News reports have begun to subtly shift the narrative of the Orlando mass murder. In the beginning, the FBI and MSM touted the line that Omar Mateen was a jihadi who called 911 and pledged allegiance to ISIS. It looked like a neatly wrapped package of Islamist terror as we’ve seen in similar attacks throughout the western world including in San Bernardio and Ft. Hood, here in the U.S. It fit nicely with the neoconservative, pro-Israel, Islamophobic viewpoint of presidential candidate Donald Trump and GOP-affiliated sites like FoxNews, Breitbart, etc.
But somehow the narrative didn’t add-up. First of all, if you’re an Islamist why not attack a symbol of government or commercial power as the 9/11 hijackers did? Why attack a gay nightclub? No previous U.S. Islamist attack has targeted gays (though the Paris attack did target a concert venue somewhat akin to the Orlando club). Second, at his work as a security guard, he reportedly claimed affiliation with Hezbollah, a Shiite Islamist movement in deadly conflict with the Sunni-affiliated, ISIS. In other words, if he was an Islamist, he was a very confused one. Third, reports began to arrive of witnesses and acquaintances who revealed that Mateen frequented gay bars and used web apps commonly used in the LGBT community. More recently, his current wife told the press that Mateen revealed to her before they were married that he had a “secret life.” Fourth, though Mateen was clearly Muslim, those who knew him said religion was not a very important element in his life. All this does not add up to an Islamist terrorist:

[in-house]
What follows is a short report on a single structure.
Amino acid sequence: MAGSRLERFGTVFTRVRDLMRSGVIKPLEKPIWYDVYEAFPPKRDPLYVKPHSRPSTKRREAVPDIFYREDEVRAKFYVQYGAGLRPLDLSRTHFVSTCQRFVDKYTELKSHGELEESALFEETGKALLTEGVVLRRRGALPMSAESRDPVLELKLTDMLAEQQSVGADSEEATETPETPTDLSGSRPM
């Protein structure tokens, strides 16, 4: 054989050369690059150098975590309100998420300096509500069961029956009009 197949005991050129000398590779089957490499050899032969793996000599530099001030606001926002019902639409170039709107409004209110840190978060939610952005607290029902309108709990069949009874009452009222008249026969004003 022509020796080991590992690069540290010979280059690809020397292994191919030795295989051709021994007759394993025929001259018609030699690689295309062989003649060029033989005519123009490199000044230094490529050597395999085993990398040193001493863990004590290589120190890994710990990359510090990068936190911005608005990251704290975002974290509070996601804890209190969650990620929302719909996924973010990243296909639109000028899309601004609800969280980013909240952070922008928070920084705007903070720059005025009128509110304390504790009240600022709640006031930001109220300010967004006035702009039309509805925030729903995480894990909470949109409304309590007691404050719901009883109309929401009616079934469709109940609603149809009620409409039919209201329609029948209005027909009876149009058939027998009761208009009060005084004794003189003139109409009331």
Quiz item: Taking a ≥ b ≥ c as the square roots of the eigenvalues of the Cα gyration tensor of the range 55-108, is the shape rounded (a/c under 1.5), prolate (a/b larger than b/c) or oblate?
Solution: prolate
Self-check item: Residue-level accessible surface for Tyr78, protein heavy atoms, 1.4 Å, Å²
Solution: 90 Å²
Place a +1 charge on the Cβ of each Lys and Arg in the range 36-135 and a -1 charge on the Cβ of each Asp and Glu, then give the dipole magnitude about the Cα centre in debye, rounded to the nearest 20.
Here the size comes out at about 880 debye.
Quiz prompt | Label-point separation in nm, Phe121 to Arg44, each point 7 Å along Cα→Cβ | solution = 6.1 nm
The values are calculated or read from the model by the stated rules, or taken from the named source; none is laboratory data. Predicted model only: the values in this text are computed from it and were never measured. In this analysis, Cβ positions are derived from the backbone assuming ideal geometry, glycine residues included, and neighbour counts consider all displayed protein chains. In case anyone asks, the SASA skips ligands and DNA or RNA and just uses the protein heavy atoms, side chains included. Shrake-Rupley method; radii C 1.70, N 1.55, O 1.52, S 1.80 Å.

…There are three strands,” said Mark Potok, a senior fellow at the Southern Poverty Law Center. “The dominant strand is that he hates gays. Then, there is his personal rage. He doesn’t like his life at all.
“The third strand is Islamist ideology, which is the weakest of the three,” said Potok, whose Alabama-based organization tracks extremists. “It’s almost like an afterthought.”
…The portrait has turned far more complicated in the course of a week, with experts now saying Mateen appeared to be driven by a dangerous mix of bigotry, self-loathing and, perhaps, mental illness.
News reports now indicate that law enforcement is now backing off its initial claim that Mateen was “radicalized.” Instead, they are beginning to look much more seriously at the killer as someone tormented by his homosexuality and finding it in stark conflict with his family’s Afghan religious values and life-style. There is also another element of mental illness in the mix. Given Mateen’s traditional Afghan background, it would’ve been next to impossible for him to navigate the complexities of both being gay and suffering from mental illness:
“It’s a lot easier to call it Islamic terrorism because we’re all united against that,” [local criminal defense attorney Khurrum] Wahid said. “But it’s not as easy to call it homophobia because we’re not all united against that.
“To me,” he said, “this case smacks of someone who was not comfortable in his own skin — maybe because of his sexual identity. … If I’m a self-loathing gay man, this [Islamic State pledge] is the mantle I’d rather carry.”